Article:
When first seeing the trailer for Christopher Nolan’s new film “Interstellar,” one might think it is “Gravity” folded into “Inception.” It looks like a very complicated space movie dealing with interstellar travel. But after seeing it, the viewer realizes it is neither “Inception” nor “Gravity.” It is an entity unto itself to which other movies will be compared.
This will surely be an iconic movie. Set on Earth in an ambiguously distant future, probably not too distant from current time, and resources are used up. Plants won’t grow and people are starving. The entire world is a dustbowl, with constant blowing dirt and sand peppering everyone and everything. There is no chance of survival on this planet. The only solution is to find a new one.
A wormhole is mysteriously opened up in Saturn’s orbit and the initial probes sent through it relay only the smallest amount of data – it is another galaxy, with a dozen possible worlds in several solar systems. At least a few of them promise to be habitable worlds with fresh water, breathable air and organics growing. The only problem is that it is so far away. The dilemma is how to transport Earth’s surviving people to Saturn, let alone through a wormhole, to scout planets.
The film follows a group of scouts sent through the wormhole to see which planet will become home. I won’t say any more because the reveals and twists and turns of the plot are really great and something not to be missed.
Some of Nolan’s shots are suggestive of “2001: A Space Odyssey,” but the way “2001” should have been done. For example, one shot focuses on Matthew McConaughey’s space helmet as the ship rockets through the wormhole. We see reflections of galaxies, stars and nebulae flashing past him on both sides at incredible speeds. This is very reminiscent of the shot towards the end of “2001” when the same thing happens, but with colored lights instead of real celestial bodies. Granted, effects have come a long way to make this shot possible and I do not want to come down on “2001.” It is an amazing film and technically breathtaking – for its time and even by today’s standards. But in “Interstellar” this shot struck me as what Kubrick would do now if he were making “2001” with today’s technology. This film has little hidden homages to one of the greatest space films ever made, so keep your eyes peeled.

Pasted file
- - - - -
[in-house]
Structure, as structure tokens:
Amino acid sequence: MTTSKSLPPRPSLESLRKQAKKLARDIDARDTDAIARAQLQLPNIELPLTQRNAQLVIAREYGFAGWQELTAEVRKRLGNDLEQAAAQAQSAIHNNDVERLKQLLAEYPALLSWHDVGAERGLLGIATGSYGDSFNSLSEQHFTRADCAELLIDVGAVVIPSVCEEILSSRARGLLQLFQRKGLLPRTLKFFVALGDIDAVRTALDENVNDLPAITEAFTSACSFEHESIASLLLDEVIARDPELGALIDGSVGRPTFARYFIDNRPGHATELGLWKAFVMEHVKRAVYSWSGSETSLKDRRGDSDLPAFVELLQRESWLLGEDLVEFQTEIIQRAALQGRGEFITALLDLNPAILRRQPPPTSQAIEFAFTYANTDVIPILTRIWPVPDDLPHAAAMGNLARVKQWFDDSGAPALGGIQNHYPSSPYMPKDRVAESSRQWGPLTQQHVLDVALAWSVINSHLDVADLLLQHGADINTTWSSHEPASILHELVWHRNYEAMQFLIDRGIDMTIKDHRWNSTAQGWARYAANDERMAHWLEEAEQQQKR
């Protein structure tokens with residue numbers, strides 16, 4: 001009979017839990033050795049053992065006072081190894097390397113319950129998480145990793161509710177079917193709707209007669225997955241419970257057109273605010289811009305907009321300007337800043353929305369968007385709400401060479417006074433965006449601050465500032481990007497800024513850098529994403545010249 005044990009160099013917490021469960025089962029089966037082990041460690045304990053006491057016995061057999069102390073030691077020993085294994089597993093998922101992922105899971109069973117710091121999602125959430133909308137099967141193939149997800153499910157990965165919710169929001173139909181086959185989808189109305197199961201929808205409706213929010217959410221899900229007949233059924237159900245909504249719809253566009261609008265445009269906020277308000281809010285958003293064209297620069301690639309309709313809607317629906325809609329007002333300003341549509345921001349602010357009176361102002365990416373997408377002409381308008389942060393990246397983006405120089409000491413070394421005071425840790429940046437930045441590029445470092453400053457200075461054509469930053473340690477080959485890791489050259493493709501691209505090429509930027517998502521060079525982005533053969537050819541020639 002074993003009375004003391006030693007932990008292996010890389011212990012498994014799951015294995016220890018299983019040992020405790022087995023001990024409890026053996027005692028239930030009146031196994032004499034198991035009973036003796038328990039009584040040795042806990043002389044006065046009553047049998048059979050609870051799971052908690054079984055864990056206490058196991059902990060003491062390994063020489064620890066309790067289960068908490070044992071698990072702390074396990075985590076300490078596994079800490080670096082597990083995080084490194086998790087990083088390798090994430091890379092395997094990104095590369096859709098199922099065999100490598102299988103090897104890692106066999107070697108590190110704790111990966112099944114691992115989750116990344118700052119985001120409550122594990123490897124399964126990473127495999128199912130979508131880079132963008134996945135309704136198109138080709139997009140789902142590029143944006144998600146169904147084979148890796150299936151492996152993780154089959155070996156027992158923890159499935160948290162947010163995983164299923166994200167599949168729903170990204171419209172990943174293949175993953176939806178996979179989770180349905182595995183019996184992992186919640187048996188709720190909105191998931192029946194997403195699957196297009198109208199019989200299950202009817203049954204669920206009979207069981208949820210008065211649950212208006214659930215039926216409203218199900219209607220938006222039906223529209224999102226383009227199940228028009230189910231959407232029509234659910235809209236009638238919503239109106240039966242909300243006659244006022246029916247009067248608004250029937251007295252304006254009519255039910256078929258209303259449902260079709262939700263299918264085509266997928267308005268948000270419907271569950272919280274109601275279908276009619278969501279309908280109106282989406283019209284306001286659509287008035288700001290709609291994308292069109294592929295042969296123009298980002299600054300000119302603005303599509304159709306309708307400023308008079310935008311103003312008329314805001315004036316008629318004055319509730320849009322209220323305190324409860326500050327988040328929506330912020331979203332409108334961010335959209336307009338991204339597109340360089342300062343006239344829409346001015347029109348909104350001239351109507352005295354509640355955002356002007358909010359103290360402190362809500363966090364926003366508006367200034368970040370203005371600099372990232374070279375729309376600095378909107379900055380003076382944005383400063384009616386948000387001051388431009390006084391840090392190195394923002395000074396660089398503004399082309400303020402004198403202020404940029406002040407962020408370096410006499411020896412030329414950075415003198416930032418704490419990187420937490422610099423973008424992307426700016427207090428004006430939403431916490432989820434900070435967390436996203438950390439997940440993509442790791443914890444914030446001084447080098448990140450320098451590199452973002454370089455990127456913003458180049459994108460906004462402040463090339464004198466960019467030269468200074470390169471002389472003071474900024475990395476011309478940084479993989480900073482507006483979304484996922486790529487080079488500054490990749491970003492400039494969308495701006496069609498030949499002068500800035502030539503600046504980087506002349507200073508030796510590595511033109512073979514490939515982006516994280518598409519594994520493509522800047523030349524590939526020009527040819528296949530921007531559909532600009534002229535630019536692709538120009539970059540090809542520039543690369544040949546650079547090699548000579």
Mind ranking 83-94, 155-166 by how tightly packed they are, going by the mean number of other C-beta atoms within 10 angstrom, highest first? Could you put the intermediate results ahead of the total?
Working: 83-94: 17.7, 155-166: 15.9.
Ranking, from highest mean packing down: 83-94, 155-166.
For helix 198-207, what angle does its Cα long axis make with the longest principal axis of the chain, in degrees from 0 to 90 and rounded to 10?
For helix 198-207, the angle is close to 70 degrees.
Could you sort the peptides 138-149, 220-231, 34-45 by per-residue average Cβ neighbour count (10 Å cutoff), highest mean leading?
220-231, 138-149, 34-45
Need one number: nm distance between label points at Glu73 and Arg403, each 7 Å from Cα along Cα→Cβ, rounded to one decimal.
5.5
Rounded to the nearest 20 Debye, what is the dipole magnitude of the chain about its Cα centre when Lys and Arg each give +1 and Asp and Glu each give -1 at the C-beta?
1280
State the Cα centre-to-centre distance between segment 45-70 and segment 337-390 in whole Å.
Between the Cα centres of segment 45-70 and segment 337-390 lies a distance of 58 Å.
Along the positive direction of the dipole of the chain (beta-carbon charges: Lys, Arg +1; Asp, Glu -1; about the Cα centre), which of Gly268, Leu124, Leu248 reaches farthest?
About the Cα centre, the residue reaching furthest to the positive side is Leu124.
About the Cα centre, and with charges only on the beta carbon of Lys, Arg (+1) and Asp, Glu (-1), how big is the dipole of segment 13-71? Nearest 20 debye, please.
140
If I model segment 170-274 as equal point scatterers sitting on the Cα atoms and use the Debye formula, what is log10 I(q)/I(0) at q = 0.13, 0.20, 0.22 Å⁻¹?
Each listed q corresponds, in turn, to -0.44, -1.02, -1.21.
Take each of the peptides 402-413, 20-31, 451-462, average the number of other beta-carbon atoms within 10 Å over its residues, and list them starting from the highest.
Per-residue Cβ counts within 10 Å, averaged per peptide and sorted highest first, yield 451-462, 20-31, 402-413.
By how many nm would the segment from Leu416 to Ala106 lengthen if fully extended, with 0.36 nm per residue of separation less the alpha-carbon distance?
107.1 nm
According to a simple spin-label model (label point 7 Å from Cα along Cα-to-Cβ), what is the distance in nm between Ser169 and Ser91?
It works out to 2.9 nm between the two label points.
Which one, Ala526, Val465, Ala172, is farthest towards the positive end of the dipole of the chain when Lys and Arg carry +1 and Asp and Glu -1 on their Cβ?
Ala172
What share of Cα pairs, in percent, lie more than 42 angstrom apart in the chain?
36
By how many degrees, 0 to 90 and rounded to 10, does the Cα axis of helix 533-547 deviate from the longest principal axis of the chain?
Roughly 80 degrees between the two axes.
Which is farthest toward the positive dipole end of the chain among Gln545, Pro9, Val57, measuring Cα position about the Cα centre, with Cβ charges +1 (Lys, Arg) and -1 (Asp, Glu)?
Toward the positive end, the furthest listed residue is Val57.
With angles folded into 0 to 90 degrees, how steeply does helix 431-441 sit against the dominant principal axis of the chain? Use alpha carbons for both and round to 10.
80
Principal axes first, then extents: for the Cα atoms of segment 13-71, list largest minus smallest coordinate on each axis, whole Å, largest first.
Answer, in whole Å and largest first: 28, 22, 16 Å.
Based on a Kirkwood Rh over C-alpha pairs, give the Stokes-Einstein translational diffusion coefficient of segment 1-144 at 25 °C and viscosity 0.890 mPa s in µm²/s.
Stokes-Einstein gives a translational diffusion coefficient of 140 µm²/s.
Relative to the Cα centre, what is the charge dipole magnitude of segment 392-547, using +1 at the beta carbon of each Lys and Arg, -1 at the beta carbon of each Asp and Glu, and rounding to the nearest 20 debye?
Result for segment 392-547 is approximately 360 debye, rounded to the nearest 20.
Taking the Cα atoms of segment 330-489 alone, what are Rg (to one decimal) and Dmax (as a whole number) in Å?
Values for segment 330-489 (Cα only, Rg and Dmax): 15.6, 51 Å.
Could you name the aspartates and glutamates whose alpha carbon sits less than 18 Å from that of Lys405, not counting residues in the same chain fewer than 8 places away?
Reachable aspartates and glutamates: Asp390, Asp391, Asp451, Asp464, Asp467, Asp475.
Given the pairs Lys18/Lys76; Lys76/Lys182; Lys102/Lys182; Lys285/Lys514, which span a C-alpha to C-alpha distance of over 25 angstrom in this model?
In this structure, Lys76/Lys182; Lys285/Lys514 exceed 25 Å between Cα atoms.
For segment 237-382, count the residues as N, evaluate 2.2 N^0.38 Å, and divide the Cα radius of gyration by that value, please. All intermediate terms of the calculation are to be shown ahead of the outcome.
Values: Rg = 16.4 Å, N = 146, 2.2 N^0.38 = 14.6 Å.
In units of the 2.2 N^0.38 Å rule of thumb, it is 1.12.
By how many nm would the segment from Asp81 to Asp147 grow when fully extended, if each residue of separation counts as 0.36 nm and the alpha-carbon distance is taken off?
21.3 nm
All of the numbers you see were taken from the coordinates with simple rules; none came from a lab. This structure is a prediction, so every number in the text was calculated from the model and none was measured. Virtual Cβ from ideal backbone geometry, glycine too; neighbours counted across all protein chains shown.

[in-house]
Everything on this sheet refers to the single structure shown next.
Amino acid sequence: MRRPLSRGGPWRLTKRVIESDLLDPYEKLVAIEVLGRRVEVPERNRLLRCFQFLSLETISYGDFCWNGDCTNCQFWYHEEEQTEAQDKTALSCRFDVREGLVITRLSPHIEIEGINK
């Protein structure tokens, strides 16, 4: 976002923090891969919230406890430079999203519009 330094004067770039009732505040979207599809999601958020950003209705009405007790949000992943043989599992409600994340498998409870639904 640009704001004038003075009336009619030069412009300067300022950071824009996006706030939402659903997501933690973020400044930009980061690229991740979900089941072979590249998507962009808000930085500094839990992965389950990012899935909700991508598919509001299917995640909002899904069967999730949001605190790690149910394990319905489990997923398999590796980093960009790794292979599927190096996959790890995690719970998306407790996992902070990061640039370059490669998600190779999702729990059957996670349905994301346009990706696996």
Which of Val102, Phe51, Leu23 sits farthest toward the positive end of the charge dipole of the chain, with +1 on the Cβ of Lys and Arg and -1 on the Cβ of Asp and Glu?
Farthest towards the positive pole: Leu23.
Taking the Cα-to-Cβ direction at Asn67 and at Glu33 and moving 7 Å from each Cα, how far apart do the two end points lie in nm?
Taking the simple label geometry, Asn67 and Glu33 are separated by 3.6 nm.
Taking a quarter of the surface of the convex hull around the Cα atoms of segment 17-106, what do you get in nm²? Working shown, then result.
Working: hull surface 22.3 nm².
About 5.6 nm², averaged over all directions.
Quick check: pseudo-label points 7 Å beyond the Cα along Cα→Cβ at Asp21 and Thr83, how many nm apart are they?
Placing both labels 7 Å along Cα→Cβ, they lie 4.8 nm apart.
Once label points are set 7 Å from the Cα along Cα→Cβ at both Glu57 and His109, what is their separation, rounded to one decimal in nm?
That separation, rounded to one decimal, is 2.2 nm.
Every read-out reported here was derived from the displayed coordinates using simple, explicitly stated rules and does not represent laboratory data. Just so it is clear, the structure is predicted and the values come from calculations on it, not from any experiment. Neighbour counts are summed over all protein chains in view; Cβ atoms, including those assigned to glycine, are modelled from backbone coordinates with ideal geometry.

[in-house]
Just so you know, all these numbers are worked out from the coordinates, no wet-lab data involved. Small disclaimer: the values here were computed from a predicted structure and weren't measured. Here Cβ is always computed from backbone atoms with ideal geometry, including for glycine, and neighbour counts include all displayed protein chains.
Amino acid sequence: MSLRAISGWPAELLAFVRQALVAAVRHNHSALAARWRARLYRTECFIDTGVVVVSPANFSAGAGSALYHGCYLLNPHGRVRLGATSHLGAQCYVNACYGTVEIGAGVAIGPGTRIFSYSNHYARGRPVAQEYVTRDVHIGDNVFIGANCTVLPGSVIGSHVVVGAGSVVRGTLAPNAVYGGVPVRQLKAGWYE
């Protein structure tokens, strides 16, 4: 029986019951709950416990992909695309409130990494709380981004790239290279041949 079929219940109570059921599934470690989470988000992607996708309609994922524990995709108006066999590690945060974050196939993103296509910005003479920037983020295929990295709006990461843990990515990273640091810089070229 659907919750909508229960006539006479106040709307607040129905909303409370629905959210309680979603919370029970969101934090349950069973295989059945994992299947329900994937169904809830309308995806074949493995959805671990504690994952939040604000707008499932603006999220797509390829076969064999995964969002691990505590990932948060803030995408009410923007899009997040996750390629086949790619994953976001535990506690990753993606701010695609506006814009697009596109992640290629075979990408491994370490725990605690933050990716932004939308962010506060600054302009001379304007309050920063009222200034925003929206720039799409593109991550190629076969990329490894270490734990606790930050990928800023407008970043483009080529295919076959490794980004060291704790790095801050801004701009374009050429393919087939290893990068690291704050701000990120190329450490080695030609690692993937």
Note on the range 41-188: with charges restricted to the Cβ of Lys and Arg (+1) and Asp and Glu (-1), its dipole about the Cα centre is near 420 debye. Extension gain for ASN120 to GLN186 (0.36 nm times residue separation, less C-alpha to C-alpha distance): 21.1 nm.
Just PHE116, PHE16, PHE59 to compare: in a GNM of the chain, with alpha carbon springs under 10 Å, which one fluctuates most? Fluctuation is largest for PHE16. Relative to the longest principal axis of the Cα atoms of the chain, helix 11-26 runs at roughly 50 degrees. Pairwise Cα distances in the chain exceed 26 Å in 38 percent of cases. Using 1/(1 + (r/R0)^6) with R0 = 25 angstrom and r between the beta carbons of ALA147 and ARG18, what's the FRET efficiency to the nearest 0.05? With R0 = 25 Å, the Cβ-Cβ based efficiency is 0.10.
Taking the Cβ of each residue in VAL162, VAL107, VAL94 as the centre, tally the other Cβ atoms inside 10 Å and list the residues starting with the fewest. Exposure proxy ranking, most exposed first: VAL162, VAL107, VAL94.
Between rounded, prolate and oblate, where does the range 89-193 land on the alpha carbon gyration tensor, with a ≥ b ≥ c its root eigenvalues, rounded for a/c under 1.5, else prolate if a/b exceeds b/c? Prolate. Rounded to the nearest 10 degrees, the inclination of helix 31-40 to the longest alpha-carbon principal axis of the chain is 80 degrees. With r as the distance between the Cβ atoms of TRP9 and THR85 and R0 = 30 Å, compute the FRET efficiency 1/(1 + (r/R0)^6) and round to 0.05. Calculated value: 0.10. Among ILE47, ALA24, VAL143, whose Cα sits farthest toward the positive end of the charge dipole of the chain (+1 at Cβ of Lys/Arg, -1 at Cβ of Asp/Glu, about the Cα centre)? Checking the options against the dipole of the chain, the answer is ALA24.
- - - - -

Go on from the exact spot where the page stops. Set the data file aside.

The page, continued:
As a film overall, I liked it; I didn’t love it, but I liked it. Nolan has a way of pleasing the audience with the story for a while, then hitting a speed bump that derails it for a bit before getting back on course and finishing strong. The speed bump in this one is small, but present.
When trying to settle on which planet to explore as fuel resources dwindle, Anne Hathaway’s character has a soliloquy about choosing one planet because the man she loves is down there and love is the great mystery and should be followed because it can cross time and space, just like gravity.
In a movie that is so scientific in every detail, from intergalactic travel to time dilation to string theory and a bunch of other physics stuff, and then bringing out love as a quantifiable resource to lead her to a planet that will support life just shatters the whole illusion. Of course the other astronauts stare blankly at her and tell her she is wrong because love is not scientific, so she storms off.
But the speed bump is passed quickly and the film turfs out really well. It is visually stunning, mentally stimulating and emotionally uplifting. It promotes the importance of taking care of the planet and to start thinking as a species rather than as individuals. It raises the possibility of a future that one hopes comes to pass because it is a future that would really benefit all mankind and make us citizens of the universe instead of warring tribes on a solitary rock. Rated PG-13 and with a runtime of almost three hours, it is definitely not one to miss.
I give this film 3.5 out of 5 stars.